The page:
He doesn’t disappoint here, playing in short bursts that sound as if his chest is wrapped in chains but which he’s trying to break free of by expending as much force as he can. Meanwhile the other horns – and yes, even the piano which is now thankfully shifting its focus leftward on the keyboard – are adding to the controlled ruckus and it’s approaching something that most rock fans will appreciate.

Until the ensuing middle section that is, when he lets the piano annoy us some more by taking listeners back on a monotonous tour of the last eight keys on the right, plinking away without any shame whatsoever.


Wander To And Fro
And so it goes. At just one point during this second unwelcome forty-five second interlude does even the faintest trace of a melody become apparent before quickly vanishing again and you find yourself warning other customers in the joint to stand back as you heft your sledgehammer, ready to send Wurlitzer or Seeburg parts flying in every conceivable direction.

But before you can heft it to your shoulder to begin the merciful destruction of the apparatus that’s playing this song and tormenting everyone within earshot Mitchell rides back in again, sax blaring, stopping you in your tracks once more by giving us the kind of full-throated riffs that we want.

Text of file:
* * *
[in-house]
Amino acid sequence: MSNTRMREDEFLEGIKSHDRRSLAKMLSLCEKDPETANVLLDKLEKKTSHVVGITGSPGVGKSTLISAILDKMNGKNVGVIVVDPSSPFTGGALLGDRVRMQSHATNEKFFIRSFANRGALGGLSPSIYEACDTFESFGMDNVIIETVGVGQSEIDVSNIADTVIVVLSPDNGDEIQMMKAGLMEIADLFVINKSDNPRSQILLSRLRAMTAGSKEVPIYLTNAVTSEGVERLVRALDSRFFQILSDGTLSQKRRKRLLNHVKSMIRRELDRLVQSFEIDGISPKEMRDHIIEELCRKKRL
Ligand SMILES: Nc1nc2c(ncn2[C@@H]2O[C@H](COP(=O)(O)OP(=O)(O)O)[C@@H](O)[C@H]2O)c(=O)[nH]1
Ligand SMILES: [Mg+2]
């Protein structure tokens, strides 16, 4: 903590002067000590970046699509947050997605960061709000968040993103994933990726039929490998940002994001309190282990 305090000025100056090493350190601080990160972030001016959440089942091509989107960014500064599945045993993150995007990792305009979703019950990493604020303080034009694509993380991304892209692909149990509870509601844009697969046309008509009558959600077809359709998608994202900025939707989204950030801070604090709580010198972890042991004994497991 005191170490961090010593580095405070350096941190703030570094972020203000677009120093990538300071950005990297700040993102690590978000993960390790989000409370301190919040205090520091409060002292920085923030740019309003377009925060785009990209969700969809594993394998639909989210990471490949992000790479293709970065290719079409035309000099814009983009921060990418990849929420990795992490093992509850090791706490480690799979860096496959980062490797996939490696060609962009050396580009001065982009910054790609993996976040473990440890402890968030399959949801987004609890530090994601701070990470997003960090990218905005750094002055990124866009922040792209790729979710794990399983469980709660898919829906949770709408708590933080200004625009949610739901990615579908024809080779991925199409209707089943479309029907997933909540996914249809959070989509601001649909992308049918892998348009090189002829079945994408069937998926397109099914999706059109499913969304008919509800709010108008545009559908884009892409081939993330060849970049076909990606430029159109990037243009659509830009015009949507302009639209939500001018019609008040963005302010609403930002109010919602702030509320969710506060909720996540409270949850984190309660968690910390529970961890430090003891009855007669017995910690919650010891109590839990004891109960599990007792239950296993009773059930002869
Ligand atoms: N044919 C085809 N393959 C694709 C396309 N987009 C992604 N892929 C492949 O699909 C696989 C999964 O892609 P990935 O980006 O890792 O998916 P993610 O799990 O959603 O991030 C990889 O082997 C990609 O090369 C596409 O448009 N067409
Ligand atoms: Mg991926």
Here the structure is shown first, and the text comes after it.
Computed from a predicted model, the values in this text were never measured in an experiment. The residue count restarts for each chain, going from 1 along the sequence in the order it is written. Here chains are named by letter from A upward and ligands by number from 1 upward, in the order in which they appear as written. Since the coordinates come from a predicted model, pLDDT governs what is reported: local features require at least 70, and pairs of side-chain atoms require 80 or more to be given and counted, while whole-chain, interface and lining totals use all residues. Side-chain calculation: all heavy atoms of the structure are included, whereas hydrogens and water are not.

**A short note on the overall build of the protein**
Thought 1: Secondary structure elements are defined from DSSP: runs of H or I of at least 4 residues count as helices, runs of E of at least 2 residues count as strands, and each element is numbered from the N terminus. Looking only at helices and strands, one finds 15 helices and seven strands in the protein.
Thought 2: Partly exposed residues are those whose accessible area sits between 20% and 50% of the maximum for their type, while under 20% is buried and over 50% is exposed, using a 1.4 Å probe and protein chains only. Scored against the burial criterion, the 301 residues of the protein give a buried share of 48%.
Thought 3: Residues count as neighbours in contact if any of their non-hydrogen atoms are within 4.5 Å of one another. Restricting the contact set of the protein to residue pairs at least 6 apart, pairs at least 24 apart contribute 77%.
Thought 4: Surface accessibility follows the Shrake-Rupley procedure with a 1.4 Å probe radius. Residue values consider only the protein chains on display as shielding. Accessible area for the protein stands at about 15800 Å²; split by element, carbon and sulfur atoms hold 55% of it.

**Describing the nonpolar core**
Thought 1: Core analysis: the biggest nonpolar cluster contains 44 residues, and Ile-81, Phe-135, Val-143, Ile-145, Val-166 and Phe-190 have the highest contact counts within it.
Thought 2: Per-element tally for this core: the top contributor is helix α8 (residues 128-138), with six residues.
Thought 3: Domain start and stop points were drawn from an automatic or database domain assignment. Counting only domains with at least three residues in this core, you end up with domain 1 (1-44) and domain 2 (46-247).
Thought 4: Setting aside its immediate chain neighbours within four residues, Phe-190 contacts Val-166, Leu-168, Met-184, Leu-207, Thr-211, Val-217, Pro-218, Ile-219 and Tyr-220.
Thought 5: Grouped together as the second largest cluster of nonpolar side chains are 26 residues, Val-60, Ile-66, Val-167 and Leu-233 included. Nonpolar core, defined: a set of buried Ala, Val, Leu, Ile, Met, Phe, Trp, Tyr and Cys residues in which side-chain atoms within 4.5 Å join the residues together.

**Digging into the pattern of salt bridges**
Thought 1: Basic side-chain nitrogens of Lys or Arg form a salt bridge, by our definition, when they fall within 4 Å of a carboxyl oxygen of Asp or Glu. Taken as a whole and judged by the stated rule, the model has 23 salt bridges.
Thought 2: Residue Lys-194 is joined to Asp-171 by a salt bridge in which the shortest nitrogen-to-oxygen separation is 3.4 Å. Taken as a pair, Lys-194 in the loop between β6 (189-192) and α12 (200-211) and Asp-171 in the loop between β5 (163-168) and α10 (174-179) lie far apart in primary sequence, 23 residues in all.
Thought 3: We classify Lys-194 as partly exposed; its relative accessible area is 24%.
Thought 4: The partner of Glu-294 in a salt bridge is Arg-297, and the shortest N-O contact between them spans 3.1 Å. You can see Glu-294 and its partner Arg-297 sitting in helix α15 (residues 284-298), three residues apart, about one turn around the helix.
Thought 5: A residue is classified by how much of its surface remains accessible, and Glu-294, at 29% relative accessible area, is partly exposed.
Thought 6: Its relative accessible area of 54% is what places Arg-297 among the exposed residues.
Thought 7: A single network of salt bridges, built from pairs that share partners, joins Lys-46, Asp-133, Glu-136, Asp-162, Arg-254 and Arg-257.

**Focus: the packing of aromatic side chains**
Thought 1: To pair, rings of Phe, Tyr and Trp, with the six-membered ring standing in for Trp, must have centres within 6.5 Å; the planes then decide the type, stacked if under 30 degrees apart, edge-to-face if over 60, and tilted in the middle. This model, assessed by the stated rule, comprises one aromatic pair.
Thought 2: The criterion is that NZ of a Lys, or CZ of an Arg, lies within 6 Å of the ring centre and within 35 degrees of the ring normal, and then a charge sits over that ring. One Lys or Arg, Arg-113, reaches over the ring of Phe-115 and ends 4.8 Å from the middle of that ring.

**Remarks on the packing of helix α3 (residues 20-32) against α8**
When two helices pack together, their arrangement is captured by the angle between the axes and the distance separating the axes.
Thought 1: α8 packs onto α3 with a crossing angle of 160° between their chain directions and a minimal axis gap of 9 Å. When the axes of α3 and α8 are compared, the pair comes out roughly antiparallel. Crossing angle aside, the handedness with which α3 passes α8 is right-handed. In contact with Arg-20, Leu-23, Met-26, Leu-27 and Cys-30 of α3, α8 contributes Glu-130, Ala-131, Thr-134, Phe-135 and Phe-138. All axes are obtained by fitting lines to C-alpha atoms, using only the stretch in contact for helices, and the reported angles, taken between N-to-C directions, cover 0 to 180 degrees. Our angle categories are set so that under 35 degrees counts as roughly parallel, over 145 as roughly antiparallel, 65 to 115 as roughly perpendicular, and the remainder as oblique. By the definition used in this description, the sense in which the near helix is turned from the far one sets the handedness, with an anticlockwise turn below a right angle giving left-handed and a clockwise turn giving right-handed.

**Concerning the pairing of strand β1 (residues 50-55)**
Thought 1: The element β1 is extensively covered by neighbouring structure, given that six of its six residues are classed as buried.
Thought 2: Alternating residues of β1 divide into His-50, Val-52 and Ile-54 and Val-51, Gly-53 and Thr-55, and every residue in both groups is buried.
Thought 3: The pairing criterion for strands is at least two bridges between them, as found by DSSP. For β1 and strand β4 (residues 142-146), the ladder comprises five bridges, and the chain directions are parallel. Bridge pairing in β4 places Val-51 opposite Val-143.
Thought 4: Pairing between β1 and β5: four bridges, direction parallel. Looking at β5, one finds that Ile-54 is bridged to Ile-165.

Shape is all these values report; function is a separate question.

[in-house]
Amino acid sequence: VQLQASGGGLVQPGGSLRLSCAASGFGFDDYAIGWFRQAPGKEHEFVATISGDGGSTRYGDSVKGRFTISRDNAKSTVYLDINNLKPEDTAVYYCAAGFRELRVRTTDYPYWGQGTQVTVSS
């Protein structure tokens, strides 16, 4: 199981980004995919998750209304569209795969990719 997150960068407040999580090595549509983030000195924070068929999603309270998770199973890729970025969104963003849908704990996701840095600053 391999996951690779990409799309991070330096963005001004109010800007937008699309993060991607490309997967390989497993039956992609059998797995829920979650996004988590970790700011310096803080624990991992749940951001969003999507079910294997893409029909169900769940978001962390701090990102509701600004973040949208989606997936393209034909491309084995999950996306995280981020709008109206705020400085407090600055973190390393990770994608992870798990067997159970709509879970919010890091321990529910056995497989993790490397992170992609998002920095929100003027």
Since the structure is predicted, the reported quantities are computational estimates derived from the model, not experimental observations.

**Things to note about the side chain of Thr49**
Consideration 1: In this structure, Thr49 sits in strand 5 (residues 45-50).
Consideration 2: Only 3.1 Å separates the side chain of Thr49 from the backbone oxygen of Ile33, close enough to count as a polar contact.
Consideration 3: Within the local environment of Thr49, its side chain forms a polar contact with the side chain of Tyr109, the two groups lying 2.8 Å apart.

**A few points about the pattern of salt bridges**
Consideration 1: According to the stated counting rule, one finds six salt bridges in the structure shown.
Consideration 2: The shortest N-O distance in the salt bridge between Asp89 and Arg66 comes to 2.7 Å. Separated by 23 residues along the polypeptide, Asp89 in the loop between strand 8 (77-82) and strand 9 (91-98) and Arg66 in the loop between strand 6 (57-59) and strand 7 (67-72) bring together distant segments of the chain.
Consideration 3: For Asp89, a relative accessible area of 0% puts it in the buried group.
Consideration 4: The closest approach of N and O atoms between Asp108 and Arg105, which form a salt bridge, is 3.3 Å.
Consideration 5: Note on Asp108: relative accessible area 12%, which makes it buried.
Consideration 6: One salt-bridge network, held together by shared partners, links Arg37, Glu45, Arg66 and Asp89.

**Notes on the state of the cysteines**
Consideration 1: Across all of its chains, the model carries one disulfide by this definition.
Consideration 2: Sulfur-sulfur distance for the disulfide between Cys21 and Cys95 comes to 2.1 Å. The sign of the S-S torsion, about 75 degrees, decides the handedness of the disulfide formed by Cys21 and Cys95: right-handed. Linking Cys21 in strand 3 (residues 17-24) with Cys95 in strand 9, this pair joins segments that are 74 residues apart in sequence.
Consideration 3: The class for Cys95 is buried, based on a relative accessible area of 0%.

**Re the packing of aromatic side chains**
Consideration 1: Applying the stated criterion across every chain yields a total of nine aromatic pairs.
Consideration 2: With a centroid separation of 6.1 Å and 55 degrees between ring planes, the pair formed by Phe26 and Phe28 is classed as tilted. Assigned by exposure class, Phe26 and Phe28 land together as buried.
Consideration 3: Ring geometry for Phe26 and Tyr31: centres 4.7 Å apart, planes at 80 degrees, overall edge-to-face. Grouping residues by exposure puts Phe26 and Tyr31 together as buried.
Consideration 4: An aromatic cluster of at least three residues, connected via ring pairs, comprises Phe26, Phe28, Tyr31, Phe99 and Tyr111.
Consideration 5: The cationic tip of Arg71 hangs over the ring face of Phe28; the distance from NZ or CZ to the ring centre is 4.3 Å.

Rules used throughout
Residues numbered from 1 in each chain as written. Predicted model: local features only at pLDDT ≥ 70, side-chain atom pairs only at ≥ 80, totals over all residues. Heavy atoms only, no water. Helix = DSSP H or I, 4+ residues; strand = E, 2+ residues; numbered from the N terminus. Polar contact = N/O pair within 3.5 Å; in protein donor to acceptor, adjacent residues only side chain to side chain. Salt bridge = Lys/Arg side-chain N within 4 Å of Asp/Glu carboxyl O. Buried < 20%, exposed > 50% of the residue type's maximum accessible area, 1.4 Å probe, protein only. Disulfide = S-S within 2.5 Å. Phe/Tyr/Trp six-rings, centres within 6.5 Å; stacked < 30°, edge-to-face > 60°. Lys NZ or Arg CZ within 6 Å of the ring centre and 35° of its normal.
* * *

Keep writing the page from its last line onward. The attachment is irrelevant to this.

Not only are his lines far tougher sounding of course, but they’re also reasonably melodic, at least enough to give some identity to On The Alamo Boogie and finally get your bearings on the song.

Of course even though by now the record is almost over, we’re wise enough to know that we’re not done being tortured by that piano which returns for the coda and because we’re aware that this means we’re nearly done with this nonsense without having to face prosecution for destruction of property (and hopefully will be able to get a refund for our unused sledgehammer) we can consider ourselves lucky that our eardrums are still intact.